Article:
Theatre review: The Believers at Tricycle Theatre

Chirstopher Colquhoun as Joff and Richard Mylan as Ollie in Frantic Assembly's The Believers

Chirstopher Colquhoun as Joff and Richard Mylan as Ollie in Frantic Assembly's The Believers - Credit: Helen Maybanks

Rain pours down and a flood of recriminations engulfs the lives of two families in this spooky expressionist thriller written by TMA award-winning writer Bryony Lavery and produced by Frantic Assembly.

After Stockholm and Beautiful Burnout, this is director Scott Graham’s third collaboration with Lavery and, not surprisingly, it’s just as visually impressive. With design by Jon Bausor and lighting by Andy Purves, visual effects are key components in this challenging spectacle that layers the text with as many dimensions as it is possible to squeeze out of the skeletal-frame set.

Two socially polarised couples manouevre the set throughout. There’s attractive, affable Joff (Christopher Colquhoun) with his outspoken, vulnerable wife Marianne (a shattering performance by Eileen Walsh) and their upwardly mobile neighbours: smug, philanderer Ollie (Richard Mylan) and his brittle, righteous wife Maud (Penny Layden).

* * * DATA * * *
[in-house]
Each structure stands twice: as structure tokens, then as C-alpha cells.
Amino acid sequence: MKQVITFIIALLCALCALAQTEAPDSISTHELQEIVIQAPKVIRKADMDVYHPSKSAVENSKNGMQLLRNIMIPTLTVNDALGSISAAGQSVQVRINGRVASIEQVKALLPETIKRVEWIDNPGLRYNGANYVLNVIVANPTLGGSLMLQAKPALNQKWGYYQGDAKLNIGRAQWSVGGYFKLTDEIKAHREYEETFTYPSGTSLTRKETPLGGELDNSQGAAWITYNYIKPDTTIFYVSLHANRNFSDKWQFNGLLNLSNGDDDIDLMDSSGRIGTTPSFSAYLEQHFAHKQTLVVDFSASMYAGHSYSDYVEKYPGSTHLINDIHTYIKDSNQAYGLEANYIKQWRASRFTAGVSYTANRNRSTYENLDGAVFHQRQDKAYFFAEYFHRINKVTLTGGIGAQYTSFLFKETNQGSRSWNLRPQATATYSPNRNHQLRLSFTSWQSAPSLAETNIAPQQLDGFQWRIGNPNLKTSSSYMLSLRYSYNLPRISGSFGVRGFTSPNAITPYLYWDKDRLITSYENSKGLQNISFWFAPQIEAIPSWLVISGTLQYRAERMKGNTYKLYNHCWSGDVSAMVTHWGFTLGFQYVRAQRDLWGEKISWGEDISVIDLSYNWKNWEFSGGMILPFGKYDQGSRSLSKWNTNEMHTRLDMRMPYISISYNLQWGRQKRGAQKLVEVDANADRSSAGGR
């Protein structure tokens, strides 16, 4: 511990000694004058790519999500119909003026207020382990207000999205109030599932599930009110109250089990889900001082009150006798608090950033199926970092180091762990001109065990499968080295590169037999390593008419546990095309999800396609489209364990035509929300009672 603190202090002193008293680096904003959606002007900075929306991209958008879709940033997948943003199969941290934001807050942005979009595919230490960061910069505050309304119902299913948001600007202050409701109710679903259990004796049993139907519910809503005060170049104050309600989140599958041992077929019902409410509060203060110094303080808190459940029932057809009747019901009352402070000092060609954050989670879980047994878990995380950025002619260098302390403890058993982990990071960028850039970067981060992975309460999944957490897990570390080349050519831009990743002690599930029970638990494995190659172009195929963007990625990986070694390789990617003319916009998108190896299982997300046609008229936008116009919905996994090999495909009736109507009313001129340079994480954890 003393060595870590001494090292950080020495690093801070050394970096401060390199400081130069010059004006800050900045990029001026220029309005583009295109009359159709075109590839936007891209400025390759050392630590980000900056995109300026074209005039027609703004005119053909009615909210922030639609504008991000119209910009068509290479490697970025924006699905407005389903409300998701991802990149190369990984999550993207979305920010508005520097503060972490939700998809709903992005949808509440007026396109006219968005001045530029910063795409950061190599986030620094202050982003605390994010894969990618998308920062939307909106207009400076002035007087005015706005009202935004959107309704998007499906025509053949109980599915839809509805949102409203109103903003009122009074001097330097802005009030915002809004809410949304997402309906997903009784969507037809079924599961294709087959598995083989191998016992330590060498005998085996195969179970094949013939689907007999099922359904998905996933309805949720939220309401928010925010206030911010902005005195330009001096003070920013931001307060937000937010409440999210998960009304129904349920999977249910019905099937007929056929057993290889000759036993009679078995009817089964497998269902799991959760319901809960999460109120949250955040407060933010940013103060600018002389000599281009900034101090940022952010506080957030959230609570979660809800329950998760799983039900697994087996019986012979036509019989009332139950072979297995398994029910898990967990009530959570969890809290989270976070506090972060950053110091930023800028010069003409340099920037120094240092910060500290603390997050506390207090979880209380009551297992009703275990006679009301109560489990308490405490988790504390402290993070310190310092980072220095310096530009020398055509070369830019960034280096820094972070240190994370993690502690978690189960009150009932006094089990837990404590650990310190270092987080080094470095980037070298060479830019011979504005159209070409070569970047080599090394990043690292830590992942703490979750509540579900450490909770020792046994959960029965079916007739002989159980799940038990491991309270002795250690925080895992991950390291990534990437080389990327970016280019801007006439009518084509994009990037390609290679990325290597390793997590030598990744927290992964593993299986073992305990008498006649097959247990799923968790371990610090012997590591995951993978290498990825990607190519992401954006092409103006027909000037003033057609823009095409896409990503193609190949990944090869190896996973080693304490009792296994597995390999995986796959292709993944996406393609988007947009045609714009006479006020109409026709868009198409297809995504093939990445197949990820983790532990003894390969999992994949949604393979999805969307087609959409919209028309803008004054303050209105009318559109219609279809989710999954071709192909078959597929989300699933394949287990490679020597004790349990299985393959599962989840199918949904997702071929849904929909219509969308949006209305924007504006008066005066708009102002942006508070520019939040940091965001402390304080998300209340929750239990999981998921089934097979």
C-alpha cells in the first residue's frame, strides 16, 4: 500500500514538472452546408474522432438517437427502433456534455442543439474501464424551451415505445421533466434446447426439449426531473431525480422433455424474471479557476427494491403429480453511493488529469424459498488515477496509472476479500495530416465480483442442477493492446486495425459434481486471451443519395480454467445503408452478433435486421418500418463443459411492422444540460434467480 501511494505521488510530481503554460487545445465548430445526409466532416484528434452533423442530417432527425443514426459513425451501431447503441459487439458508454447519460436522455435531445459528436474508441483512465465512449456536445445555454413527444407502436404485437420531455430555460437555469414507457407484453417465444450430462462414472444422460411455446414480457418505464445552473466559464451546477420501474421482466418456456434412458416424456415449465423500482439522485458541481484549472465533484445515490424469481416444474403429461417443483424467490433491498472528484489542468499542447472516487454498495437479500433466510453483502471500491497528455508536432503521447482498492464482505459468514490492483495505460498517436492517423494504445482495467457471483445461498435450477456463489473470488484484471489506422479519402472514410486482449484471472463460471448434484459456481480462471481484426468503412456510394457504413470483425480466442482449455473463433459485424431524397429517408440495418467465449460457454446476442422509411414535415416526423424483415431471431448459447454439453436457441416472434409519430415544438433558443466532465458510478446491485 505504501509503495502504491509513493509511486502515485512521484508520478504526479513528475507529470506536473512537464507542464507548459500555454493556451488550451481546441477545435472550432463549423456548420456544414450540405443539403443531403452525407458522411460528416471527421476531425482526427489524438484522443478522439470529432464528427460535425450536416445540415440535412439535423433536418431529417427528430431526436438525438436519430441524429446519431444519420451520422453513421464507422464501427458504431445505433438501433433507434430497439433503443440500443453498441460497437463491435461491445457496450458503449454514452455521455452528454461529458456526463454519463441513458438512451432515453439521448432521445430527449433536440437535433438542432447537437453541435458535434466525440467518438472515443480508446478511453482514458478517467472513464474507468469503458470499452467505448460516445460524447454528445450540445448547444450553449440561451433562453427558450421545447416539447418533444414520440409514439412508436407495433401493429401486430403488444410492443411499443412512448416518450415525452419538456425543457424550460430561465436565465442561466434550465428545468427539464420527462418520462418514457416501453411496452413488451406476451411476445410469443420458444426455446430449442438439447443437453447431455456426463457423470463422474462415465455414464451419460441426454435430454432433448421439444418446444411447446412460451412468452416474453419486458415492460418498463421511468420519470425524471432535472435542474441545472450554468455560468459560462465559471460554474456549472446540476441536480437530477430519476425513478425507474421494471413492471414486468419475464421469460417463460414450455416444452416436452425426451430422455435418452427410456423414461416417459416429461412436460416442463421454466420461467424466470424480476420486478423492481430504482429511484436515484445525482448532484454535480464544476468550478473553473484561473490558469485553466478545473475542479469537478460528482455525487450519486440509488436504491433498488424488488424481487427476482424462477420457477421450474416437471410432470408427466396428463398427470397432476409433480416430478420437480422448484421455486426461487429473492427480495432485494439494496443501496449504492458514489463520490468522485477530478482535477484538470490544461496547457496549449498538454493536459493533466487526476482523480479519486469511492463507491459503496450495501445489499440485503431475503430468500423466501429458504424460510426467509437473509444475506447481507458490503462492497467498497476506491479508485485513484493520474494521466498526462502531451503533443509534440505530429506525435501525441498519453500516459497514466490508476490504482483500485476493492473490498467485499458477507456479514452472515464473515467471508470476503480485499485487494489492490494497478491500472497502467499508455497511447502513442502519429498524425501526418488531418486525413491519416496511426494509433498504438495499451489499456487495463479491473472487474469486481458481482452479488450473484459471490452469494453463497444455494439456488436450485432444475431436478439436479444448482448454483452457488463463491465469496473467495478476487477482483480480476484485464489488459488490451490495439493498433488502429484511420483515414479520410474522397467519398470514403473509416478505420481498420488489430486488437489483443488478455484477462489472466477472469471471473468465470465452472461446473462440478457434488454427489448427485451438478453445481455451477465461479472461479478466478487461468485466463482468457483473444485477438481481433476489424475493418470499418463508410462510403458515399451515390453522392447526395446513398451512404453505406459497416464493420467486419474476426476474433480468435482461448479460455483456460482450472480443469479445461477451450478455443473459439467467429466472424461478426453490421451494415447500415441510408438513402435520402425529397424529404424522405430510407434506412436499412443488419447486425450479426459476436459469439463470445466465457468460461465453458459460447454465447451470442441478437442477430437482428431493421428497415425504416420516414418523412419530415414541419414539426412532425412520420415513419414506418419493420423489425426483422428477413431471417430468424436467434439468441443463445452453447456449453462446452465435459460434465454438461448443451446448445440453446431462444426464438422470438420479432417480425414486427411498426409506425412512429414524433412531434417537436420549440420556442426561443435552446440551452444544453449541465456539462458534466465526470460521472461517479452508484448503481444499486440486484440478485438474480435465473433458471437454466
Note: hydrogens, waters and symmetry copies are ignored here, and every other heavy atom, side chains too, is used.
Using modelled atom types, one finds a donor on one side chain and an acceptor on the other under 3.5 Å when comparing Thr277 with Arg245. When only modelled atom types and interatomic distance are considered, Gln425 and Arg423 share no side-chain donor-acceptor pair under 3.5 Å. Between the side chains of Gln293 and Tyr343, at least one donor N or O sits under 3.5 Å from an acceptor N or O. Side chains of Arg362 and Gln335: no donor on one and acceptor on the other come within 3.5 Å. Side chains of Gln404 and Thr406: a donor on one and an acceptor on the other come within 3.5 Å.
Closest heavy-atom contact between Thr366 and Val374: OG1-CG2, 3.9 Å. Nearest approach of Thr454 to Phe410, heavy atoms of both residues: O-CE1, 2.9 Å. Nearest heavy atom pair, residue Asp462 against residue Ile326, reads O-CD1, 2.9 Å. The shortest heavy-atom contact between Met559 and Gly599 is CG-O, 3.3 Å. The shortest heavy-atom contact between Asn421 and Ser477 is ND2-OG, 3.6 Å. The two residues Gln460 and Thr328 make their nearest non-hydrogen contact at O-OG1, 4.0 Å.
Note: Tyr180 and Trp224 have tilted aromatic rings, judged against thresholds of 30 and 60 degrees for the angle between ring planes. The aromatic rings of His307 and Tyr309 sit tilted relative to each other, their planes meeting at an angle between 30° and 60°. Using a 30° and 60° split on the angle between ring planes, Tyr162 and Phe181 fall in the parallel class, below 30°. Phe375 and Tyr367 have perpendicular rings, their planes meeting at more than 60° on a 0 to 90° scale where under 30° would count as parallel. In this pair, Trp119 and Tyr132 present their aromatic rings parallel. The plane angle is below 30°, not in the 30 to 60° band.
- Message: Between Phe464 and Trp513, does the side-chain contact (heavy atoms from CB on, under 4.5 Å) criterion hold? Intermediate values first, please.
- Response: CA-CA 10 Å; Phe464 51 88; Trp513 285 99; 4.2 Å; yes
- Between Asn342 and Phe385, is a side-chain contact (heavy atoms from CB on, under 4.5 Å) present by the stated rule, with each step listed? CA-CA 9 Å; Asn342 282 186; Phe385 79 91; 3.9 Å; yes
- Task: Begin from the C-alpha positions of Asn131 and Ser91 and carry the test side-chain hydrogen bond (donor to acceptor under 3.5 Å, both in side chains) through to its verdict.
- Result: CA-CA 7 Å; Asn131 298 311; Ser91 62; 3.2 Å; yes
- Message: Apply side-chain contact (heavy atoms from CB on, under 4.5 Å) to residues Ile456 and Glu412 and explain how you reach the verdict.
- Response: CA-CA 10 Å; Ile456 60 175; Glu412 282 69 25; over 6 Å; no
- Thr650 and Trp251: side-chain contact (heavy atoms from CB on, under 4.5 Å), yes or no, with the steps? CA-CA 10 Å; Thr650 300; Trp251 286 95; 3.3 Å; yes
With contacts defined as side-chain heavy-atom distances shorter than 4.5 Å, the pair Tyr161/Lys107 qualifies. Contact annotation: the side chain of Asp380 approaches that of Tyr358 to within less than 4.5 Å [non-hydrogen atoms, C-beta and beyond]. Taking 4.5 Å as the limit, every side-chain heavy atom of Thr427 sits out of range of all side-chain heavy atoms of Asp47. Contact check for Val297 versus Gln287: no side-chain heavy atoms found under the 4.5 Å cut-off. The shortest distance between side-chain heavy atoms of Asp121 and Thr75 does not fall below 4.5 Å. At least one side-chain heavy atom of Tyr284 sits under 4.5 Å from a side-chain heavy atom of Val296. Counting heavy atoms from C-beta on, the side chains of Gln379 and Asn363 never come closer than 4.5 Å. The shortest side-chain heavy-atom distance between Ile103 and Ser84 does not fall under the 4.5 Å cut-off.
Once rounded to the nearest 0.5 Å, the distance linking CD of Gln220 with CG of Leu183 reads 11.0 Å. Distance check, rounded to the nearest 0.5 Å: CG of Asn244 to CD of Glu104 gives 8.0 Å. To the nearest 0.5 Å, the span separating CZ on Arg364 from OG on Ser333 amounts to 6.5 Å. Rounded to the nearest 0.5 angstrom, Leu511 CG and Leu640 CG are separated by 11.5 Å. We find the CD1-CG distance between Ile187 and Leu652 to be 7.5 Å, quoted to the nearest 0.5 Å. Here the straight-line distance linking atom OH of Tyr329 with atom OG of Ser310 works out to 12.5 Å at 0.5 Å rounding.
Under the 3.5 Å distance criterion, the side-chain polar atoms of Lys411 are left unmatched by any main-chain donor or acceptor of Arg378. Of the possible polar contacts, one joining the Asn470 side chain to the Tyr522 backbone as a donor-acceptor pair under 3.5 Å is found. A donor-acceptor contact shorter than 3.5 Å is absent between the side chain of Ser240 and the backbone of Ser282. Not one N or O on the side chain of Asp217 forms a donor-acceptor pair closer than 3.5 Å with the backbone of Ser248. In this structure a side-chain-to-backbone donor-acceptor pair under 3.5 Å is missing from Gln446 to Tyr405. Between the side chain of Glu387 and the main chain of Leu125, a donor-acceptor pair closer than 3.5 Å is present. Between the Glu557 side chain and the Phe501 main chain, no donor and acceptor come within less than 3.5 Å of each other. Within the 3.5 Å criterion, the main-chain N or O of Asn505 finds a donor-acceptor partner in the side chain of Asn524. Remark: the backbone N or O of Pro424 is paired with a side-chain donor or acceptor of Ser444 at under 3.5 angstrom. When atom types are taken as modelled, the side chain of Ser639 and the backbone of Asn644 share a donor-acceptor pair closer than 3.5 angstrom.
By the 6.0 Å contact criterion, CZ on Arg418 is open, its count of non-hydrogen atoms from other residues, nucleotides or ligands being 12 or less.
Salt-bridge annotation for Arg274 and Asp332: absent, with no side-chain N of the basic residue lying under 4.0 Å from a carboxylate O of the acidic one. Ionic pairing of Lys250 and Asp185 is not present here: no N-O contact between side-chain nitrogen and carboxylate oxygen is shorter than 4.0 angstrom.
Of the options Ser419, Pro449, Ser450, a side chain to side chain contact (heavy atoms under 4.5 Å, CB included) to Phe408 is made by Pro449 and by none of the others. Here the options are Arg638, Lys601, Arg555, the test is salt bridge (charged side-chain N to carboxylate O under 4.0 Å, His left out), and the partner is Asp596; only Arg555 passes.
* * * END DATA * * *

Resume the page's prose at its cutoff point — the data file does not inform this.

Ollie and Maud live on a hill, never swear and have found God, or at least a pagan form of worship they insist on sharing with Marianne and Joff on the fateful night they take shelter there with their daughter.

As a thematic exploration of faith, Lavery’s text hits some histrionic notes. But there’s an ingenious synergy between text and spectacle and the tension never relents.

Who or what is responsible for the crime that is committed?

Can we ever really know someone and believe what they say? Ultimately, Lavery wants to have it both ways as she satirises the Christians but plays heavily on the supernatural for dramatic effect.

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But the questions raised here are huge and a production could so easily fall short. Believe me, this doesn’t.

Rating: Four stars

Until May 24.